“Show me a hero, and I will write you a tragedy,” said F. Scott Fitzgerald. On the morning of Sept. 11, primary day in New York City, Rudy Giuliani was paddling along with all the other lame ducks into oblivion… After abandoning Gracie Mansion, his marriage in flames, he was camping out with friends on the Upper East Side, and now it was time to choose his successor, and the end was in sight.
The end was, in fact, just a few blocks away. Having raced to the scene at the first news of the attacks, Giuliani was nearly buried alive. In the hours that followed, he had to lock parts of the city down and break others open, create a makeshift command center and a temporary morgue, find a million pairs of gloves and dust masks and respirators, throw up protections against another attack, tame the mobs that might go looking for vengeance and somehow persuade the rest of the city that it had not just been fatally shot through the heart.
America’s Mayor Goes to America
By Matt Bai
New York Times Magazine, September 9, 2007
So you wouldn’t want to have a beer with me, Rudy seems to be saying. So even my own kids don’t want to have a beer with me. But whom do you really want staring down the terrorists — me, or one of these other guys? Do you want someone squeezable, or would you rather hire the single-minded enforcer who had the testicular fortitude to tame New York?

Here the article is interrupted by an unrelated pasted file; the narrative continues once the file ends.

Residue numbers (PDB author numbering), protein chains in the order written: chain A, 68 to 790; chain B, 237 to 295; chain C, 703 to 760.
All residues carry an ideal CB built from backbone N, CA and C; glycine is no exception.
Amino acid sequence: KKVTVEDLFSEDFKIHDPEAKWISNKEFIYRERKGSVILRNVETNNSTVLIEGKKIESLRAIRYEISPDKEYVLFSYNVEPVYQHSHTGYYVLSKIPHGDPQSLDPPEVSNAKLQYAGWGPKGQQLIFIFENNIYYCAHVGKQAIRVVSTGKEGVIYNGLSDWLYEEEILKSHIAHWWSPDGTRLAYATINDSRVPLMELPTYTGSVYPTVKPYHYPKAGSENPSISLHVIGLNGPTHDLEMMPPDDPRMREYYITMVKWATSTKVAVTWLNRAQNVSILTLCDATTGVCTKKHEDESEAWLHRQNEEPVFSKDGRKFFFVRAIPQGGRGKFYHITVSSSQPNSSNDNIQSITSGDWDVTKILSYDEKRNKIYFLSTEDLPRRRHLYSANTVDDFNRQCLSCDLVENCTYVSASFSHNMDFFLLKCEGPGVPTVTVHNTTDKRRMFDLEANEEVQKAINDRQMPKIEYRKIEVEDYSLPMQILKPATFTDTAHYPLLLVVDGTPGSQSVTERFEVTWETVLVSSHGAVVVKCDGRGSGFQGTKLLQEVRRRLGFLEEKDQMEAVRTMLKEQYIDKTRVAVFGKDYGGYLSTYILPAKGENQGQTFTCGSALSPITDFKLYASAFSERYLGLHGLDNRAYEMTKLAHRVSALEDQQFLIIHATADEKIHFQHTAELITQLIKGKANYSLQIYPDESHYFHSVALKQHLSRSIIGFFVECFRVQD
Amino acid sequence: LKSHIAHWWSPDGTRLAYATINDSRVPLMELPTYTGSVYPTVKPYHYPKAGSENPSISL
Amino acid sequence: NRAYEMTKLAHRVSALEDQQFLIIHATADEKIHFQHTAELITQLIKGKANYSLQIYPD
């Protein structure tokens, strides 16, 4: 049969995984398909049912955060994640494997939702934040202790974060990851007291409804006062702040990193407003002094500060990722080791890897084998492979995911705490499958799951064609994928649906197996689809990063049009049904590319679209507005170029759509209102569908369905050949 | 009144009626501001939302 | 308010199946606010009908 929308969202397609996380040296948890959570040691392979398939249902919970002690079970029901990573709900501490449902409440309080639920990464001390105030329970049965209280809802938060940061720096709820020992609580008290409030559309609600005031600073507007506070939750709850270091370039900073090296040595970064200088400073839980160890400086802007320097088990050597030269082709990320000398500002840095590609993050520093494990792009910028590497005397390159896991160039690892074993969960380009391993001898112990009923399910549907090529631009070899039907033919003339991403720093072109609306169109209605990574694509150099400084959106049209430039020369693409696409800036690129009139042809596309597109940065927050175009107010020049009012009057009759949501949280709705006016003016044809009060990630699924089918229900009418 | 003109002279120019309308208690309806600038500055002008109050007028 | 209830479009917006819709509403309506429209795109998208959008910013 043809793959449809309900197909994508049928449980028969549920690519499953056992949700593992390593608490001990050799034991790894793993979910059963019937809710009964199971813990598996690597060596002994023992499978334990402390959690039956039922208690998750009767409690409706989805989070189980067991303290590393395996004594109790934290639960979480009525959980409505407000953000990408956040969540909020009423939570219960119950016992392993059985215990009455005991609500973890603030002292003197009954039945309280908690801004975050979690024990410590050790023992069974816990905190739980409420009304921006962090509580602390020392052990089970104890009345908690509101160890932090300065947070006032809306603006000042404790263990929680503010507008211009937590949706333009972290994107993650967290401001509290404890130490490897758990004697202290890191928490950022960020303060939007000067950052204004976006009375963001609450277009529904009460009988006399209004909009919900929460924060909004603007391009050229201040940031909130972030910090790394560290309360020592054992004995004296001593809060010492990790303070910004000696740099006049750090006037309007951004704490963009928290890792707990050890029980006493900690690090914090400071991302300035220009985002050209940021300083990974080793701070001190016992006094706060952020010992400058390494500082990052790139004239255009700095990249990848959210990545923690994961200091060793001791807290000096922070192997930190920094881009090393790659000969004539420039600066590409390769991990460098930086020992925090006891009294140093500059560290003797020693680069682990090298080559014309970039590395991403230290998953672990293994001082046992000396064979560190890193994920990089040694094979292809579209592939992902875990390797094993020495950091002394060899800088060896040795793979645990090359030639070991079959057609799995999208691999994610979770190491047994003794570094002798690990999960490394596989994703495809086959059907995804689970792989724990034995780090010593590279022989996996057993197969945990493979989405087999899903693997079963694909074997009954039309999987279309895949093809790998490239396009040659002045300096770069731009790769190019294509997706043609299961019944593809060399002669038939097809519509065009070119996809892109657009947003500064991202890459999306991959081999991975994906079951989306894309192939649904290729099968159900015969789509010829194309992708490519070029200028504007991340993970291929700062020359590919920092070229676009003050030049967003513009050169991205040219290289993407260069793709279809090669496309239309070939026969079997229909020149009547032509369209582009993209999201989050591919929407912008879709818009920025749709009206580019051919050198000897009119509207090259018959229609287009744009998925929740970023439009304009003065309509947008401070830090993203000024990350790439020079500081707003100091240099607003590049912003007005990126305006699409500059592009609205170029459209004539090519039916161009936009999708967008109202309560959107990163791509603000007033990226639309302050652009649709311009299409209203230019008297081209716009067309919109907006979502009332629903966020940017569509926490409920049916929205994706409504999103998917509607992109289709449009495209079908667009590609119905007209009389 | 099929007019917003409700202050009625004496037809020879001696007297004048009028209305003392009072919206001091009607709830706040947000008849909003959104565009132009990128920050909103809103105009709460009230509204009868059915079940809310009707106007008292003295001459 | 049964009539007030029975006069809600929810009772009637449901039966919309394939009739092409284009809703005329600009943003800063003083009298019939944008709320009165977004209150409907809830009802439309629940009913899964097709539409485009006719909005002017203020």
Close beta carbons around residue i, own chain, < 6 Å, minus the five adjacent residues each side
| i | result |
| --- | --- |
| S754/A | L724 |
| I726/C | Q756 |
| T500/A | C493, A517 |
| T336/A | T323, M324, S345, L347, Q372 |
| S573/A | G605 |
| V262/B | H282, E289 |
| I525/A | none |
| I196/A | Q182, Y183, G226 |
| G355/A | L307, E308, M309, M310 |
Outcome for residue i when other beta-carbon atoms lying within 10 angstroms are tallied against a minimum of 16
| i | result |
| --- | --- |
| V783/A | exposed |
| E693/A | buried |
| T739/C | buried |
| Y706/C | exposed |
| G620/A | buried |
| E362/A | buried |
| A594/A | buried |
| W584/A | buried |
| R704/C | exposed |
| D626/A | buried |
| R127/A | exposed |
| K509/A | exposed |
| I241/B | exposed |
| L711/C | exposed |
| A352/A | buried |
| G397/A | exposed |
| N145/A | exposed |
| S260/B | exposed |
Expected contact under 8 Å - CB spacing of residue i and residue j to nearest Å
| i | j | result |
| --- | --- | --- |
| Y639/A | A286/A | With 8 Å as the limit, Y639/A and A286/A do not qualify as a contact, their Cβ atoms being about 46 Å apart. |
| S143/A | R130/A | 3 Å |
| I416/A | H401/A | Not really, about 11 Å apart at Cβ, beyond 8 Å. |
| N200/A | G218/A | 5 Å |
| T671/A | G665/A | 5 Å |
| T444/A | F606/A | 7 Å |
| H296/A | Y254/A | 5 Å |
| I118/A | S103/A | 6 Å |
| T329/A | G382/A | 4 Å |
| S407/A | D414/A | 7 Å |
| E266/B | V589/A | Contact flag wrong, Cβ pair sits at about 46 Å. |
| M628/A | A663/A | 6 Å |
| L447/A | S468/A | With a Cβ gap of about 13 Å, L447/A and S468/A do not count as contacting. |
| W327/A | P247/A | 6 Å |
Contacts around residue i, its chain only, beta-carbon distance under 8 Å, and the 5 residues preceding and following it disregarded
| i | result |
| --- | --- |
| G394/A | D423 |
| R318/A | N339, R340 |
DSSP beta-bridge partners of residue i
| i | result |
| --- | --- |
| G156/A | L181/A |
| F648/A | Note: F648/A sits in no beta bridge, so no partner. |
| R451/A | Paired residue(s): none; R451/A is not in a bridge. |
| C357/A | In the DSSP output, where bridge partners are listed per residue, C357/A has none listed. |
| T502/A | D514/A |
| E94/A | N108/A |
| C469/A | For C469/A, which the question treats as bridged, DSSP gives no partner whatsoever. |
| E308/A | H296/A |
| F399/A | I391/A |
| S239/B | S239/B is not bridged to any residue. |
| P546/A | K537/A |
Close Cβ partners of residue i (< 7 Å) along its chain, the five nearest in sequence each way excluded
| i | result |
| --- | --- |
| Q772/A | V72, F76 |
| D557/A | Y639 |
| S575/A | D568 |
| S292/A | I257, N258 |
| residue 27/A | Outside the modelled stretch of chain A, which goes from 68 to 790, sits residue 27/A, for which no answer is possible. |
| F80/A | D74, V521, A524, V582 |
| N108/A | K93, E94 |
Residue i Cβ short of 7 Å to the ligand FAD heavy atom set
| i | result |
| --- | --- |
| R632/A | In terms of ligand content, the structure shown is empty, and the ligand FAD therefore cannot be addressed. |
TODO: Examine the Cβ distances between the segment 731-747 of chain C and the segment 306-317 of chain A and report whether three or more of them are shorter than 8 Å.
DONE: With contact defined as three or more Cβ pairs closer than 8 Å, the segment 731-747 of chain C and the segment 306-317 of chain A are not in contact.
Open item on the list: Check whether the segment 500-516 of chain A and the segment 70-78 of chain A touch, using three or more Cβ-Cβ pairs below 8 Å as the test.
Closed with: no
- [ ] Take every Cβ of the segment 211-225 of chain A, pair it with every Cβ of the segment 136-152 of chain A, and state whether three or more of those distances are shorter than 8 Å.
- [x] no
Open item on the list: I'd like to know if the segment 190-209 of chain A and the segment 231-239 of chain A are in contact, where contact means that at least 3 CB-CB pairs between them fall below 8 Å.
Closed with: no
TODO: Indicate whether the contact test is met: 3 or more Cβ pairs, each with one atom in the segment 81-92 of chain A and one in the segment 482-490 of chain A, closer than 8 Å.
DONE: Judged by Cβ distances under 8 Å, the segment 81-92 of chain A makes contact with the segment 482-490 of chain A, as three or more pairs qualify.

How the Giuliani Method May Defeat Him
By Elizabeth Kolbert
New Yorker, December 30, 2007
For all the reasons that he mentions — the fall in crime, the drop in the welfare rolls, the general change of mood in the city — Giuliani was an unusually accomplished mayor. What made him remarkable was that he didn’t settle for these achievements. In addition to muggers and drug dealers, he eventually went after cabdrivers, jaywalkers, hot-dog venders, street artists, museum curators, strippers, and people who were just insufficiently civil — in short, practically everyone in New York. The same mayor who urged calm on September 11th two weeks later sought — unsuccessfully — to declare a sort of municipal state of emergency in order to extend his term in office.
A Tale of Two Giulianis
Vanity Fair, January 2008
On a late-spring day in 2001, Rudy Giuliani's divorce lawyer stood on the steps of the New York State Supreme Court Building and told reporters the shocking truth. His client, the mayor of the city — beleaguered by an angry wife who wanted more money — had only $7,000 to his name…
Three months later came 9/11.
How Rudy Giuliani Turned Into Trump’s Clown
By Jeffrey Toobin
New Yorker, September 3, 2018
This version of Giuliani isn’t new; Trump has merely tapped into tendencies that have been evident all along. Trump learned about law and politics from his mentor Roy Cohn, the notorious sidekick to Joseph McCarthy who, as a lawyer in New York, became a legendary brawler and used the media to bash adversaries. In the early months of his Presidency, as Mueller’s investigation was getting under way, Trump is said to have raged, “Where’s my Roy Cohn?” In Giuliani, the President has found him.
The Fog of Rudy
By Jonathan Mahler
New York Times Magazine, January 15, 2020
To be a larger-than-life mayor doesn’t require money. But to be a larger-than-life ex-mayor requires a lot of it. Giuliani had always been fixated on power, and with his political career on pause during the Bush years, he needed money to stay relevant. ‘‘He became extremely materialistic and almost money-grubbing,’’ a member of Giuliani’s inner circle at the time told me. ‘‘He was always a narcissist who demanded unflinching loyalty. After 9/11, that was magnified a bit, but the mercenary quality of his personality really emerged after 9/11.’’